Making a real effort…
When an American president jokes that he's "chuffed to bits" about hosting a British prime minister you know that a real effort's being made.
Today at the White House David and Samantha Cameron were greeted not just by marching bands and a 19-gun salute, but also by Barack Obama telling thousands of guests on the South Lawn here in Washington that the relationship - call it special, call it essential, call it what you like - was the strongest it had ever been.
Its backbone, the president said, was the countries' two militaries. Whilst careful to insist there was no rush to the exit in Afghanistan, both leaders made clear that next year Afghan troops will start to take the lead combat role, allowing more British and American troops to come home.
David Cameron said: "Britain has fought alongside America every day since the start, we have 9,500 men and women still serving there. More than 400 have given their lives and today again we commemorate each and every one of them. But we will not give up on this mission because Afghanistan must never again be a safe haven for al Qaeda to launch attacks against us."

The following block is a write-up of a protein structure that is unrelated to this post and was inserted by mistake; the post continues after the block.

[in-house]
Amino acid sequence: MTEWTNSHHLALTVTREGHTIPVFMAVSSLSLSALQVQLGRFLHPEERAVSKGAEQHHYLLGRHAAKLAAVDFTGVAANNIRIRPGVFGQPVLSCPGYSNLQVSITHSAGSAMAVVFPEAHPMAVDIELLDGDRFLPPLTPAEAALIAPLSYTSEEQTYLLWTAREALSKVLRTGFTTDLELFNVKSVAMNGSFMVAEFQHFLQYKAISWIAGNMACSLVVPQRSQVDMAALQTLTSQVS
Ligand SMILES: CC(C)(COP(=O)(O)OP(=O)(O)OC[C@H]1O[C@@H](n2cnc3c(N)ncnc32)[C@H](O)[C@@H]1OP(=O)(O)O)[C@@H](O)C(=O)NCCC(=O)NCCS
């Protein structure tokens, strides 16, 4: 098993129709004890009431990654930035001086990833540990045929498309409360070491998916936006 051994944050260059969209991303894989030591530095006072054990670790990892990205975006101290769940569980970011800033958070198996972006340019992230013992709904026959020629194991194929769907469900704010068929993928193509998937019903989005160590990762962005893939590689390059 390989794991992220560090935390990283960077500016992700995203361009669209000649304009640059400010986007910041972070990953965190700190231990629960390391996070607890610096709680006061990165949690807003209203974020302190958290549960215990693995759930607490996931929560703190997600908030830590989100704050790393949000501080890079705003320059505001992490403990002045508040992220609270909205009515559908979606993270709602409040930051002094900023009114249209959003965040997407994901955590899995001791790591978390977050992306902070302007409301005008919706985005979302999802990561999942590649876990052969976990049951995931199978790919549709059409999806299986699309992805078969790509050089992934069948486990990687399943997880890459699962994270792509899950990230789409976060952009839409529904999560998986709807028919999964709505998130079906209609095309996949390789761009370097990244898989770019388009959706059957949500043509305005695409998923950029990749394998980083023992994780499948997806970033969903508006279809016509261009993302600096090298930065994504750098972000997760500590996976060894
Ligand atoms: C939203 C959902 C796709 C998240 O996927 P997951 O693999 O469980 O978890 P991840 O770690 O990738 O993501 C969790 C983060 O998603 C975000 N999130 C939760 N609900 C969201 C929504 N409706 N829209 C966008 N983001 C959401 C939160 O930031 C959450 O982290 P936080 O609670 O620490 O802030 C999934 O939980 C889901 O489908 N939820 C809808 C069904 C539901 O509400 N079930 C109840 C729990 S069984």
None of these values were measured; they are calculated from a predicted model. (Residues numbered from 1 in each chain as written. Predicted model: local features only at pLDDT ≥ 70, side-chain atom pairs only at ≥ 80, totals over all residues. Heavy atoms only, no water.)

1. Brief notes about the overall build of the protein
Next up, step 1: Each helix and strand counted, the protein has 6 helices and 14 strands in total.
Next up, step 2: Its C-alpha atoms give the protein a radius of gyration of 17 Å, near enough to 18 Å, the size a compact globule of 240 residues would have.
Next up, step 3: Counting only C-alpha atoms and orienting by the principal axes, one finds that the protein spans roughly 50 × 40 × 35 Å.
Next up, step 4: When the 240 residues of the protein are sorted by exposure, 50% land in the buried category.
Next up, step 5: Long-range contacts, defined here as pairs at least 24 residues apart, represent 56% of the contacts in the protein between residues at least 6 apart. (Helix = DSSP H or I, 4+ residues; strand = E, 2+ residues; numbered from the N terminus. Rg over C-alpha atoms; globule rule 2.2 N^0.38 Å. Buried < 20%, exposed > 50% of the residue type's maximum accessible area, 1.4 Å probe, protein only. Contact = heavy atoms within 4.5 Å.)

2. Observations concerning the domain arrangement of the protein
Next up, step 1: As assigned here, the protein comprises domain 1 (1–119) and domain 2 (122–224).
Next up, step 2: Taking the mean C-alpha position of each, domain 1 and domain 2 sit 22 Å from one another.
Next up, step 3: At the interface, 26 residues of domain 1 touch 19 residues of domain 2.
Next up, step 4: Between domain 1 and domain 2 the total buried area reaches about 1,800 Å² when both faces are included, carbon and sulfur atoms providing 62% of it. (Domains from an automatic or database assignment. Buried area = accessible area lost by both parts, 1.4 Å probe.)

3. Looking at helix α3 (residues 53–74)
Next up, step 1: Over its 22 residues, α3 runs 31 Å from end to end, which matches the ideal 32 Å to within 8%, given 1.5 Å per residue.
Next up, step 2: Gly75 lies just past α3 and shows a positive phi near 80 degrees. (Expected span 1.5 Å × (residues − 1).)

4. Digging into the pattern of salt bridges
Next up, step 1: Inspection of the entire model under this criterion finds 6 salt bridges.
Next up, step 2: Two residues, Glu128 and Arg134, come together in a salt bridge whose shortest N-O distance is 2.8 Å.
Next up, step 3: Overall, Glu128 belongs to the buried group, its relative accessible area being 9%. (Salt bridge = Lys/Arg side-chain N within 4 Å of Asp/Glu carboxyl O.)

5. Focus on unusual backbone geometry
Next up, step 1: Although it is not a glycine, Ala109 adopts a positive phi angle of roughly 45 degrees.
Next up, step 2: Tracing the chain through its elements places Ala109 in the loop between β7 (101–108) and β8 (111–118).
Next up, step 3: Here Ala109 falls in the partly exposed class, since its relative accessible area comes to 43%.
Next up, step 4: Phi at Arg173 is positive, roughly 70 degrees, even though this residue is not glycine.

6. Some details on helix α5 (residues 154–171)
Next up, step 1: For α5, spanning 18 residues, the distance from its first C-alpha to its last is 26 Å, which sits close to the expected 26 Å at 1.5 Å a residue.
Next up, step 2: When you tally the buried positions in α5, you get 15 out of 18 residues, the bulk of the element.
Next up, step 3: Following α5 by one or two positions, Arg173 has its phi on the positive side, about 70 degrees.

On Syria, the prime minister's frustration that more couldn't be done to remove President Assad was clear. Both leaders confirmed that they'd examined military options in Syria, but believed that the quickest solution would come from what the prime minister called "transition not revolution", what Barack Obama called "a soft not a hard landing".
The strongest words of all today, though, came on Iran, with a stark warning from the president.
Barack Obama said: "They should understand that because the international community has applied so many sanctions, because we have employed so many of the options that are available to us to persuade Iran to take a different course, that the window for solving this issue diplomatically is shrinking."
In other words, Israel might choose to take military action against Iran soon, raising awkward questions for the US and the UK.
Today little new may seem to have been announced, but the leaders of a relationship forged by war considered how to end one and whether it would be possible to avoid two more.